This is different from the intensional query evaluation that we have followed so far, where one first computes a representation of the lineage/provenance of the query Q on the database I, and then performs weighted model counting on the lineage to obtain the probability. To ensure that model counting is tractable, we use the structure of the query to represent the lineage in tractable formalisms from the field of knowledge compilation, such as read-once Boolean formulas, free or ordered binary decision diagrams (FBDDs, OBDDs), deterministic decomposable normal forms (d-DNNFs), decision decomposable normal forms (dec-DNNFs), deterministic decomposable circuits (d-Ds), etc. The main advantage of this approach compared to lifted inference is that the provenance can help explain the query answer (this is also true for non-probabilistic evaluation, as provenance is defined for non-probabilistic data). Moreover, having the lineage in a tractable knowledge compilation formalism can be useful for other applications: we can for instance easily recompute the query result if the tuple probabilities are updated, or we can compute the most probable state of the database if we assume that the query is satisfied.
A natural question is to ask if the extensional and the intensional approaches are equally powerful. What we call the q9 conjecture, formulated in [Jha and Suciu 2013; Dalvi and Suciu 2012], states that, for safe queries, extensional query evaluation is strictly more powerful than the knowledge compilation approach. Or, in other words, that there exists a query which is safe (i.e., that can be handled by the extensional approach) whose lineages on arbitrary databases cannot be computed in PTIME in a knowledge compilation formalism that allows tractable weighted model counting (i.e., cannot be handled by the intensional approach). Note that the conjecture depends on which tractable formalism we consider. The conjecture has recently been shown in [Beame, Li, Roy, and Suciu 2017] to hold for the formalism of dec-DNNFs (including OBDDs and FBDDs), which captures the execution of modern model counting algorithms. Another independent result [Bova and Szeider 2017] shows that the conjecture also holds when we consider the formalism of d-SDNNFs. However the status of the conjecture is still unknown for more expressive formalisms, namely, d-DNNFs and d-Ds. Indeed, it could be the case that the conjecture does not hold for such expressive formalisms, which would imply that the reason why PQE is PTIME for safe queries is because we can build deterministic decomposable circuits in PTIME for them.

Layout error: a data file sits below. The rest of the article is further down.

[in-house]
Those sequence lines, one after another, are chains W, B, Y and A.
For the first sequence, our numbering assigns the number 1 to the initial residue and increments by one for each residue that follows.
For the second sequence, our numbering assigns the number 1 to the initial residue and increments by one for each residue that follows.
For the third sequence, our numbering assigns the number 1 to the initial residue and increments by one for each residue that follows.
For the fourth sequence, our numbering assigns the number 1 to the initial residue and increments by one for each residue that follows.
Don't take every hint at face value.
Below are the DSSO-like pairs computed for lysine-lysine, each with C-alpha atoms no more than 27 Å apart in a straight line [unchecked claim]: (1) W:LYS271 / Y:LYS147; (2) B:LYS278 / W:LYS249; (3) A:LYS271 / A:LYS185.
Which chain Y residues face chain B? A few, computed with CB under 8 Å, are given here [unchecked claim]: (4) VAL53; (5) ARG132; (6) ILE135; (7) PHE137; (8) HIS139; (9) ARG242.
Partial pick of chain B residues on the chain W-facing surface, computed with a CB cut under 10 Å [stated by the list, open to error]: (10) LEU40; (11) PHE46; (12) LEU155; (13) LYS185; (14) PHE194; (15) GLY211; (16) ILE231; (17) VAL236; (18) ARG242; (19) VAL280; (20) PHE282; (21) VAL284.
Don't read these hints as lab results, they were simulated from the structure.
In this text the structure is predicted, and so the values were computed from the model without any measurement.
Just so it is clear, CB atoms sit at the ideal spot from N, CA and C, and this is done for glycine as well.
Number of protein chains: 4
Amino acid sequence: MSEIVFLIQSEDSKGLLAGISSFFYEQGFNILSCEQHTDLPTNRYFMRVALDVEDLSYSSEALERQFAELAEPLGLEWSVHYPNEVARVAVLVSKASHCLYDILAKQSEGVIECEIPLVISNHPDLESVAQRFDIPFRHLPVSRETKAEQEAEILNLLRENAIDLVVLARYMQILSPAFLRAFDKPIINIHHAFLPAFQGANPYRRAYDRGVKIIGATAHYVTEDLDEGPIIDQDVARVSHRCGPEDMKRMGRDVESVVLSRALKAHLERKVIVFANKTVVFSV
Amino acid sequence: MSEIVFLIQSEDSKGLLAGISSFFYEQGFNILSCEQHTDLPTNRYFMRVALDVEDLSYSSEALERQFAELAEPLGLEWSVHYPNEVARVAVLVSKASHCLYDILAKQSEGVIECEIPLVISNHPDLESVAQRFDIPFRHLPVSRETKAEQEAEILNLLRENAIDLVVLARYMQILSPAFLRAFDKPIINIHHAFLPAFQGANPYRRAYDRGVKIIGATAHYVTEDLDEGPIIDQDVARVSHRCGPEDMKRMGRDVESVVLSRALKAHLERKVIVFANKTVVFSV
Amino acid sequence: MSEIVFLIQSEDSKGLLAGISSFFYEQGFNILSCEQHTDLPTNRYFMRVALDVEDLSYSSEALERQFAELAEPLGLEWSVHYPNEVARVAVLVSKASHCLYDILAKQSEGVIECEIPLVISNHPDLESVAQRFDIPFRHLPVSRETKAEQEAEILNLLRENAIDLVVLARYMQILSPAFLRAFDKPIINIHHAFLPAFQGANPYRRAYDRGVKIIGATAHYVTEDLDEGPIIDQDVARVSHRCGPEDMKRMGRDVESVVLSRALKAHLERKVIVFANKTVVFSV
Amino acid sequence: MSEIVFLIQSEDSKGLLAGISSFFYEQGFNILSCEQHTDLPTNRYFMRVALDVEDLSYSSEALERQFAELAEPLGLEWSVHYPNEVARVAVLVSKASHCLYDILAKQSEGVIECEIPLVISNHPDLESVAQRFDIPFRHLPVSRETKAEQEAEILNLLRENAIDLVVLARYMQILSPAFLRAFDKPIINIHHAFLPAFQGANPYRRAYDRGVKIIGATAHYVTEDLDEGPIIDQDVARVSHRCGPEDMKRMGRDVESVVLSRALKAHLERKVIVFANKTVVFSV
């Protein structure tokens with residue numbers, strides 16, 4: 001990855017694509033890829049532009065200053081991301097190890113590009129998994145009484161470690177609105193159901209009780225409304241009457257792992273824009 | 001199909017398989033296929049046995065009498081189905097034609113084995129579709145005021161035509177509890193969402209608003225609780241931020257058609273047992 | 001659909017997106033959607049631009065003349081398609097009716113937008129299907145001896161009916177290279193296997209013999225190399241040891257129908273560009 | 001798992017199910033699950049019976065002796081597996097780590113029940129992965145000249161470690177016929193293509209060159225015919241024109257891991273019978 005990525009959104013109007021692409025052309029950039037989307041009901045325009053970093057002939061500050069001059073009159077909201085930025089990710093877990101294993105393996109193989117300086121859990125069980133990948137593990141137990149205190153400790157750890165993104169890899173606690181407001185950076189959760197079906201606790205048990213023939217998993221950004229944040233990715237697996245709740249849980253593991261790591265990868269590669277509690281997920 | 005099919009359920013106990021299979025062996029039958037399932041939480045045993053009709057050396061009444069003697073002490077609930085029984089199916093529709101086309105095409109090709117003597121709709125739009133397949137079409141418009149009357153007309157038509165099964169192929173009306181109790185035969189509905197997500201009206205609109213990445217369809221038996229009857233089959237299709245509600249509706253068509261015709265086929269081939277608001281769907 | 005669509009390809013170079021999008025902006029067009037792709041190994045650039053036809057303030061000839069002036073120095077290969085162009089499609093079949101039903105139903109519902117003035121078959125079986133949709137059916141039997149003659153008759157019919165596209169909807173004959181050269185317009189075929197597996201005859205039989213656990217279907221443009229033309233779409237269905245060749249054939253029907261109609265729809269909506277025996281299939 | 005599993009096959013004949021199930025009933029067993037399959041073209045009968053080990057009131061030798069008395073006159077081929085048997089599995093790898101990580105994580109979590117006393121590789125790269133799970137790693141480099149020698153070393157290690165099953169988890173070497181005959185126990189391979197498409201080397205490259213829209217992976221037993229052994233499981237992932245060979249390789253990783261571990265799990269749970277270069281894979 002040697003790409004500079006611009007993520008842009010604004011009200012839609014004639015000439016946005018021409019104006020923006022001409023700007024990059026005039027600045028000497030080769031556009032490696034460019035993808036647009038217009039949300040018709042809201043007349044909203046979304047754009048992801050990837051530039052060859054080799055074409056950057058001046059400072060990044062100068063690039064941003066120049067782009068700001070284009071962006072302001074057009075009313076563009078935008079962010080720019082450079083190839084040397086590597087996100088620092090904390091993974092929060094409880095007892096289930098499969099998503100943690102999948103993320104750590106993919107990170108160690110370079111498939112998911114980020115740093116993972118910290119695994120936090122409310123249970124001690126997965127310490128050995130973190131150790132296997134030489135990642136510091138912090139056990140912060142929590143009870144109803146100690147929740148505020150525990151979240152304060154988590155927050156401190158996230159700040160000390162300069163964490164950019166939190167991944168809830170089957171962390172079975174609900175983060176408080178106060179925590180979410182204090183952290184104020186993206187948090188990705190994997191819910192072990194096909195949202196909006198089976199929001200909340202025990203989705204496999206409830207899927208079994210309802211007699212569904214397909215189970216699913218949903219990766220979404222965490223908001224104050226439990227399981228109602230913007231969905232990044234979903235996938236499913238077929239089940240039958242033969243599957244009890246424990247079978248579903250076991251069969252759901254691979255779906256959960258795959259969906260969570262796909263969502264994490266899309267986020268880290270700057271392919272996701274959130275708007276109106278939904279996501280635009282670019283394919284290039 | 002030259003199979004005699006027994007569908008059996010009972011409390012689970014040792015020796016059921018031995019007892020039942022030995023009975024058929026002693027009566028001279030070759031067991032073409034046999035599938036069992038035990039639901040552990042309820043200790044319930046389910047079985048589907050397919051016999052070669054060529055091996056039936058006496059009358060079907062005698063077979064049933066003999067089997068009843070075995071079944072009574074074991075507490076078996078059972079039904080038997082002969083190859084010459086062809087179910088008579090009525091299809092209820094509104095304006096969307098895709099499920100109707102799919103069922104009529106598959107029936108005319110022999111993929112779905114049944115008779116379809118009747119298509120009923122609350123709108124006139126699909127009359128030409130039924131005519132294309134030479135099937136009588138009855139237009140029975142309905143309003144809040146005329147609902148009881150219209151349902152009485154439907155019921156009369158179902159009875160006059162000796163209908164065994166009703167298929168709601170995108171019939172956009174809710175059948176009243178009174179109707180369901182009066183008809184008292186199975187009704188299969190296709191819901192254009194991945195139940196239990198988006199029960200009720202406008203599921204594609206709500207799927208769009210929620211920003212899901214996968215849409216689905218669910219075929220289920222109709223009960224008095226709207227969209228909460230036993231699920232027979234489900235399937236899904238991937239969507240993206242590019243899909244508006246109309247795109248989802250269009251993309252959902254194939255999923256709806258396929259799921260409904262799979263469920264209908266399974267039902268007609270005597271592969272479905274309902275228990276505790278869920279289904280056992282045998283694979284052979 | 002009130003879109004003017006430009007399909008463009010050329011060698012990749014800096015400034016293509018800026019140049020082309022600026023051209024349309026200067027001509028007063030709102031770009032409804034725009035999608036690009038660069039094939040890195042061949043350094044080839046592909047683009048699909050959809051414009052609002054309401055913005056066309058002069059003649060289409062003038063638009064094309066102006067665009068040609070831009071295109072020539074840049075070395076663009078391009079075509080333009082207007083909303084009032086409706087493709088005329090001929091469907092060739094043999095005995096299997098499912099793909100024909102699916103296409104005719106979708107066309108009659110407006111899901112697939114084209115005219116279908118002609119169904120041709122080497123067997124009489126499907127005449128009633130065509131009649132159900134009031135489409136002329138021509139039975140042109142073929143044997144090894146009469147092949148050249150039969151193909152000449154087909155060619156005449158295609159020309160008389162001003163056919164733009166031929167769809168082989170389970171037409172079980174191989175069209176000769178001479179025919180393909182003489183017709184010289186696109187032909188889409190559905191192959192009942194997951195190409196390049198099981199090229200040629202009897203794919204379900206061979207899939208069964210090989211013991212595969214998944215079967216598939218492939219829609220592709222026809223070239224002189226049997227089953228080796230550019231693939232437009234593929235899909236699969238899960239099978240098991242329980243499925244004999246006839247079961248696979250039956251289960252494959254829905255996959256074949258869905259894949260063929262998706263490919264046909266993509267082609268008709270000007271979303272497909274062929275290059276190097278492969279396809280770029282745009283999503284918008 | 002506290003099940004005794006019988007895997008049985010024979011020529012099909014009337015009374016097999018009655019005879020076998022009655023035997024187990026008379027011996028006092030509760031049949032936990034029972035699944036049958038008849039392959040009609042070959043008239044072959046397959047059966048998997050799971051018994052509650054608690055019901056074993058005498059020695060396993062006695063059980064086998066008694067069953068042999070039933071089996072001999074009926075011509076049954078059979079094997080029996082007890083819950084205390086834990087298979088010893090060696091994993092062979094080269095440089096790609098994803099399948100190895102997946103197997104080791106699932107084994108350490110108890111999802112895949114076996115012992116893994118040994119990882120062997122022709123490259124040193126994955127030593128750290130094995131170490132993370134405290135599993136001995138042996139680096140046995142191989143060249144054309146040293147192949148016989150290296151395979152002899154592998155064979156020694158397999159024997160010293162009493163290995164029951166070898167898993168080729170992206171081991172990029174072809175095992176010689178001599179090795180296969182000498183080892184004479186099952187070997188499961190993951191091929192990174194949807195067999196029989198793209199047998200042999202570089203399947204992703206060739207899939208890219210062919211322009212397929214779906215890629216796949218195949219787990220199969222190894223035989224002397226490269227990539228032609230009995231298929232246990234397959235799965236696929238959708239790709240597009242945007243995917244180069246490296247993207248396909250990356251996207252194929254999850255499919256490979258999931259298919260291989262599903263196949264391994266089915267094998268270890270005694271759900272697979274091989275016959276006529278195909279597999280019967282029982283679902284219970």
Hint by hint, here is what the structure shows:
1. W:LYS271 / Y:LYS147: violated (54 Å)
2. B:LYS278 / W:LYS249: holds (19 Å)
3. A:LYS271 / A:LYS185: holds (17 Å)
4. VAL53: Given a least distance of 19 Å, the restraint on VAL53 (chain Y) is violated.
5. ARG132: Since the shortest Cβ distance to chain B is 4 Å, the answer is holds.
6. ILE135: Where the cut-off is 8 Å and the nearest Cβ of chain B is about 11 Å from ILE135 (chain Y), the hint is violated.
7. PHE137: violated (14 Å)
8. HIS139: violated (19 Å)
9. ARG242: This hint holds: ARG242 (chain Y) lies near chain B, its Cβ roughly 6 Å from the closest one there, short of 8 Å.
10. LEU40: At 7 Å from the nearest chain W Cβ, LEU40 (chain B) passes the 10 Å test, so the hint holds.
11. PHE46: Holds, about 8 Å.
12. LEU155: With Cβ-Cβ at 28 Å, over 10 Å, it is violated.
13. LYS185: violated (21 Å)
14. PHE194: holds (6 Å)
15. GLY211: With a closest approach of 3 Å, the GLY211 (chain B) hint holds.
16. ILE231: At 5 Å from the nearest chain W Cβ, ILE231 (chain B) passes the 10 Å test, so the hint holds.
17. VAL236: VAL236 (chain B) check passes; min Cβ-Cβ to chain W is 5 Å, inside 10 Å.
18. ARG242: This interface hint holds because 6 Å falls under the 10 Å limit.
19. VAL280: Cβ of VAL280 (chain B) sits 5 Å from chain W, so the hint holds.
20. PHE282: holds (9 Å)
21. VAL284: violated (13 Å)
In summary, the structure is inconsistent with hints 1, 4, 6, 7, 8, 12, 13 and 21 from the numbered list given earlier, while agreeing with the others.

Results. I have investigated whether we can disprove the conjecture for the classes of d-DNNFs and d-Ds. More specifically, we focus on a class of queries (the so-called H-queries) that was proposed in [Jha and Suciu 2013; Dalvi and Suciu 2012] to separate the two approaches, and that was used to prove the conjecture for dec-DNNFs [Beame, Li, Roy, and Suciu 2017] and d-SDNNFs [Bova and Szeider 2017]. We develop a new technique to build d-DNNFs and d-Ds in polynomial time for the H-queries, based on what we call nice Boolean functions. Because we were not able to prove that this technique works for all safe H-queries, we test this technique with the help of the SAT solver Glucose [Audemard and Simon 2009] on all the H queries up to a certain size parameter, that we generated automatically (amounting to about 20 million nontrivial queries). We found no query on which it does not work, hence we conjecture that our technique can build d-Ds for all safe H-queries. Interestingly, we found a few queries for which we can build d-Ds with a single internal negation at the very top, whereas we do not know if we can build d-DNNFs.